Motor Racing: Natural talent driven by the lust for speed: Keith Botsford mourns the most dedicated grand prix driver

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The Independent Online
THE DEATH of Ayrton Senna is an incalculable blow to motor racing. It isn't just that he was the 'greatest' driver - many could lay claim to that title, all for different reasons, from Jim Clark through Ronnie Peterson, Niki Lauda and, yes, Alain Prost - but that he was certainly one of the greatest and indisputably the most modern.

It is also a deep human loss, for Ayrton was also - for all his fierce, unyielding temperament, his passionate commitment - one of the nicest and most intelligent of the modern breed, and one of the most lateral. For all his single-mindedness, what made his greatness and gave him his edge even over Prost was his ability to think about not just himself and a given stretch of a race- track, but also about his own vulnerability, his problematic nature, about life and books, about his native Brazil, about the world in general.

Most drivers, I concluded after 13 years covering the sport, had very large egos with little to sustain those egos. They were people who did one thing exceedingly well, but apart from that one thing there wasn't much to them. Indeed, they were profoundly ignorant of everything save for the rude, mechanical skill required to drive a car, the native cunning needed to survive in a rigid, commercial world, and the athleticism and quickness of eye and reaction with which they were born.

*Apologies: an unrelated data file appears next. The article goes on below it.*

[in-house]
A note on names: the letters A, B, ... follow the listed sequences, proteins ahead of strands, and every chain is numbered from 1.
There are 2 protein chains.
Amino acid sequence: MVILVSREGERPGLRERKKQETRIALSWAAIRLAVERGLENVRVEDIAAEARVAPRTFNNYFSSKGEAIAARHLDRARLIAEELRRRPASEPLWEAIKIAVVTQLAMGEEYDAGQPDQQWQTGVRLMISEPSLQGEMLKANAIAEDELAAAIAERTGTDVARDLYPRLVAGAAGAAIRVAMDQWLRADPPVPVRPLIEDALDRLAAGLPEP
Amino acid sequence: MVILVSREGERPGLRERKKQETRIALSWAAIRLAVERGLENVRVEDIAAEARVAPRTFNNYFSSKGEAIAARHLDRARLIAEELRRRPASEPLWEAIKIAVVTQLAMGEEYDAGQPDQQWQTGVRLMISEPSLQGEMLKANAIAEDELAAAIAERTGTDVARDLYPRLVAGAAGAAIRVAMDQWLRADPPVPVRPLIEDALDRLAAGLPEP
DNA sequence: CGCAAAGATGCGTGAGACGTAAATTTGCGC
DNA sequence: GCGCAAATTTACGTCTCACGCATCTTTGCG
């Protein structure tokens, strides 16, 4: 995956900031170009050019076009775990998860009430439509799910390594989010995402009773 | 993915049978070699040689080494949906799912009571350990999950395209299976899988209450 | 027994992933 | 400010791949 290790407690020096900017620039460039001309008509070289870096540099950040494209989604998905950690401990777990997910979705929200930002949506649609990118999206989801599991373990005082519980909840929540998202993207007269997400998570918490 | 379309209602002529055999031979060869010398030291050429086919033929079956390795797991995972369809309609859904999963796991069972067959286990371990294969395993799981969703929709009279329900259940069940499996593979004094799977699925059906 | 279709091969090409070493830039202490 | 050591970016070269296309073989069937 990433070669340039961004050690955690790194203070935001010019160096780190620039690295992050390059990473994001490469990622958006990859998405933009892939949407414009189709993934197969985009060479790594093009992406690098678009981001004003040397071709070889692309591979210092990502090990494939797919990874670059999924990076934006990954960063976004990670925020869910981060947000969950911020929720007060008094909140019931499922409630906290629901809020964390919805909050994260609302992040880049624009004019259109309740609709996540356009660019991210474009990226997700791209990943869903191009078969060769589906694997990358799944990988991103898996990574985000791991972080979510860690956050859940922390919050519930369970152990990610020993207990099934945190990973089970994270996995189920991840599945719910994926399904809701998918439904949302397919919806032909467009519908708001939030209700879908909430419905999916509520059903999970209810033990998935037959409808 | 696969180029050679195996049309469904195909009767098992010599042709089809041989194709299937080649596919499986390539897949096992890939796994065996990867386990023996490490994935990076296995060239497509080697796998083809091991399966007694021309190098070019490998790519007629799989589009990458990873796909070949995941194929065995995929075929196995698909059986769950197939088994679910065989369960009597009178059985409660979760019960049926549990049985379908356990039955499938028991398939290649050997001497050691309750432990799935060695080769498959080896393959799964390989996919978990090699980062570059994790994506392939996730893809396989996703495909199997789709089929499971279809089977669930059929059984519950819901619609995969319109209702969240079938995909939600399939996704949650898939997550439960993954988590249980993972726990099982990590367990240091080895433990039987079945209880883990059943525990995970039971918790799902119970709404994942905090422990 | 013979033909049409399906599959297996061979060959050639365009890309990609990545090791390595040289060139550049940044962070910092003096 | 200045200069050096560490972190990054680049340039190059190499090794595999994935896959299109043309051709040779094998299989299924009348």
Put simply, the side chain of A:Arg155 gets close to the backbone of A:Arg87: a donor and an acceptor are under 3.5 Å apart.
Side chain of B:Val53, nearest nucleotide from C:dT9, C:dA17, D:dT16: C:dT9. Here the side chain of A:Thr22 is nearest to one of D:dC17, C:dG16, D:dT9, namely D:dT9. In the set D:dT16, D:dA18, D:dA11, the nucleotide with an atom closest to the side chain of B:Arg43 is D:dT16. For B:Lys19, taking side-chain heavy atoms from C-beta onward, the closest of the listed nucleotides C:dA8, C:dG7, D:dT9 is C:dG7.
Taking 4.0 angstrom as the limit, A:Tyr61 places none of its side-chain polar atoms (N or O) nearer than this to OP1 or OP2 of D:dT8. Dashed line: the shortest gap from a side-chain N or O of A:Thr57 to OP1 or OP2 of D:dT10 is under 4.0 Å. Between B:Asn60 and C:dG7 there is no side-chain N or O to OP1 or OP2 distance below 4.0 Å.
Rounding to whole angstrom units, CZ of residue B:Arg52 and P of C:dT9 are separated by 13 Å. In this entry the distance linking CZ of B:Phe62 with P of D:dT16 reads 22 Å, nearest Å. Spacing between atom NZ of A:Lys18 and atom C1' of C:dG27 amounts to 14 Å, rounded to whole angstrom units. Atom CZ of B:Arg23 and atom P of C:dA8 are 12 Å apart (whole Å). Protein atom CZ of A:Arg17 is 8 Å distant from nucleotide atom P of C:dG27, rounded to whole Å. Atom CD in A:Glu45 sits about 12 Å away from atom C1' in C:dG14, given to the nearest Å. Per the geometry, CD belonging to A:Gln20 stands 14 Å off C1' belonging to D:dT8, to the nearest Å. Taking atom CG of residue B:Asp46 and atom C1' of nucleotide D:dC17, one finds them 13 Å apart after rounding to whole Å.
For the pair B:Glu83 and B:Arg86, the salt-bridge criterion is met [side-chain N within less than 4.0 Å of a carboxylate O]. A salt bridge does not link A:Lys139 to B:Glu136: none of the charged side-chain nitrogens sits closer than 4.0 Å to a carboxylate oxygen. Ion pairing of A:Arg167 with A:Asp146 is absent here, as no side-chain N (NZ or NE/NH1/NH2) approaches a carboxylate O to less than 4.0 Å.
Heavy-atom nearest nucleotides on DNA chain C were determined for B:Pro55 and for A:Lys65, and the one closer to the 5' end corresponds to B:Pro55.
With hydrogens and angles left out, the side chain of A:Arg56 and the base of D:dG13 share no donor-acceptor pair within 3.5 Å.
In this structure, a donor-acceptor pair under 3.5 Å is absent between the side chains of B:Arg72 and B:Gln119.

Senna was not at all like that. He had all their skills, and in abundance: no one was quicker and more calculating, few knew as much as he did about the most intimate twitches of racing-cars, rare was the man as dedicated, in all his waking hours (and as he once remarked, in his dreams as well) to the sport. But in addition, he had a vital arrogance, a sense of his own worth - if it did not sound pretentious, I would say an 'artistic' awareness of his own value - that no one came close to. He and Jim Clark shared that gift, for under the word 'natural', which we apply to the greatest drivers, was included superior instinct, self-confidence and, above all, knowingness.

I don't think anyone studied the sport and its history in such intimate and persistent detail. Driving wasn't the only thing Ayrton wanted to do in life, but it was the only thing he wanted to do in the now, and the now counted greatly for him. He had a privileged life and dedicated it, with the utmost modesty (the reverse of which was, of course, his enormous arrogance) to mastering the sport from the bottom up: from karts to Formula One. In so doing he pushed himself to the limits.

To that natural ability, Senna, like Prost, added an enormous engineering technique: a knowledge of that complex (and fallible, as we now know) machine, the modern racing car. To know a car as Ayrton knew a car is to be like a jockey who has learnt every idiosyncrasy of his thoroughbred: what it means when an ear twitches, the head droops, or the gait alters, however slightly. It implies living with a force that has a mind of its own. Only Senna had an intelligence cold enough (not for nothing did Brazilians consider him muito frio) to cope with a car's galloping development. Progress, too, was an element of speed.

And it is that sheer speed, and his delight in it and in the risk involved, that distinguished Ayrton from his contemporaries. In that he most closely resembled Jochen Mass and Peterson, two throwbacks who enjoyed doing a whole circuit sans brakes.

His was a spirit for the times, and he could see no end to faster and faster. Save as he said to me nearly a decade ago, that, 'One day I'll make a mistake. Everyone does.'

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